IREF - Institute for Research in Economic and Fiscal issues
Fiscal competition and economic freedom
Those arguments, as the reader will discover, are not always economic in nature. Indeed, besides exploring the (in)efficiency of wealth taxes (and, in particular, how it affects economic growth), it is essential to discuss its ethical and sociological dimensions.
To quote Jan Schnellenbach, winner of this 2006 contest, there is “a long tradition of occidental political thought, with its long-endured antagonism between an appraisal of private property rights on the one hand, and a mistrust towards unequal distributions of material wealth and income on the other hand….Can we expect a net wealth tax to be an appropriate instrument to achieve such reconciliation?”
The following essays offer interesting answers to this pressing question. Through its contest essays, IREF wishes to serve two goals: to promote the work of young scholars and to make available to a larger public new research on taxation. It was the conviction of the jury that this double goal has been well served by the three following essays. Young students, laymen, but also confirmed scholars will find there precious arguments and references for a better understanding of wealth tax.
First prize - Jan Schnellenbach
Abstract: This paper surveys possible motivations having a net wealth tax. After giving a short overview over the state of wealth taxation in OECD countries, we discuss both popular arguments for such a tax, as well as economic arguments. It is argued that classical normative principles of taxation known from public economics cannot give a sound justification for a net wealth tax. The efficiency-related effects are also discussed and shown to be theoretically ambiguous, while empirical evidence hints at a negative effect on GDP growth. Finally, it is argued that the existence of net wealth taxes is better explained with imperfections of collective decision-making than with economic rationality.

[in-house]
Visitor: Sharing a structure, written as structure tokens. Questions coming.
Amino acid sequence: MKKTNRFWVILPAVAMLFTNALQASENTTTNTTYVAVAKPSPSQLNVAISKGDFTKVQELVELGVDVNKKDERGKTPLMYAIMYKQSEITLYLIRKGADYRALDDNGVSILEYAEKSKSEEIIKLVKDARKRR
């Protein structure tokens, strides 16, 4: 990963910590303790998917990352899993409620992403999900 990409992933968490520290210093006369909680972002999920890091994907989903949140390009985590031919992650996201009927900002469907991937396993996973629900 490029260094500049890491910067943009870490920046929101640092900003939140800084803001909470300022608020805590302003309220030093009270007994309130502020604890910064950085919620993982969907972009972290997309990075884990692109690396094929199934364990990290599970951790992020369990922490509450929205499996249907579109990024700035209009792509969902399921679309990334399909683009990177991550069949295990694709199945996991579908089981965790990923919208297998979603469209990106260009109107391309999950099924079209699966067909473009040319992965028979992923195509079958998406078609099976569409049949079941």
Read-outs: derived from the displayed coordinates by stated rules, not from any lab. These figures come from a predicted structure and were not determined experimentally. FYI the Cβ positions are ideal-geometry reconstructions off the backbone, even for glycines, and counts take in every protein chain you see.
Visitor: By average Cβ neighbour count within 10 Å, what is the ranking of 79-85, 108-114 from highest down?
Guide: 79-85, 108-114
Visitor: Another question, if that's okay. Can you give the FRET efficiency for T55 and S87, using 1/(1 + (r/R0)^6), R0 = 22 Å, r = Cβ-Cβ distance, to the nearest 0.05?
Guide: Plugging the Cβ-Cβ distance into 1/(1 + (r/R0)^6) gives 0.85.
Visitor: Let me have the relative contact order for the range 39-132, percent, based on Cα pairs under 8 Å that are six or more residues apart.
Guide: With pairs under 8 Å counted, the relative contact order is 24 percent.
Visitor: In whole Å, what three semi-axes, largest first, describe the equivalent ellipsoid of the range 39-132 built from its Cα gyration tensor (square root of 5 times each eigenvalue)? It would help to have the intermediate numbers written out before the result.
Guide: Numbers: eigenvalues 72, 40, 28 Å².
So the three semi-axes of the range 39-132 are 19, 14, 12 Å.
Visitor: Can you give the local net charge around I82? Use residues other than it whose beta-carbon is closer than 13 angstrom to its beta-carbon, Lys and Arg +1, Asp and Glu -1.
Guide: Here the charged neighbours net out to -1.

Second prize - Philipp Bagus
Abstract: Wealth taxes are portrayed as being fair, and a rather painless way to increase funding for strapped government programs. So then, why should we consider wealth taxes? To what extent are these taxes a matter of justice and to what extent are these taxes a matter of economics? Are wealth taxes harmful or helpful to an economy? Are wealth taxes fair obligations belonging to the entrepreneur or unjust claims made by society? To answer these questions we will proceed as follows: First, we will analyze the arguments given to justify wealth taxation. Then, we will analyze the effects of wealth taxes (i.e. taxes on accumulated capital) contrasted with the effects of income taxes. After this we will explore the effects of wealth taxes upon the economy, such as wealth transfer taxes, property taxes, net wealth taxes, and capital gains taxes. We will then conclude in determining whether we should consider wealth taxation as a viable approach to revenue.
Third prize - Daniel Pellerin
Abstract : When serial bank robber Willie Sutton was apprehended at last, someone asked him why he had robbed so many banks: “Because that’s where the money is,” Sutton famously replied. The idea of taxing wealth, whatever its merits, seems to suggest itself as naturally. One may well doubt whether it is wise or prudent to equate any form of taxation so casually with grand larceny; less doubtful is the fact that both designs on the money of some by the ambitions of others are likely to end in disappointment. Adam Smith once came to the melancholy conclusion that “There is no art which one government sooner learns of another, than that of draining money from the pockets of the people.” If only governments were as ready to learn from each other’s failures...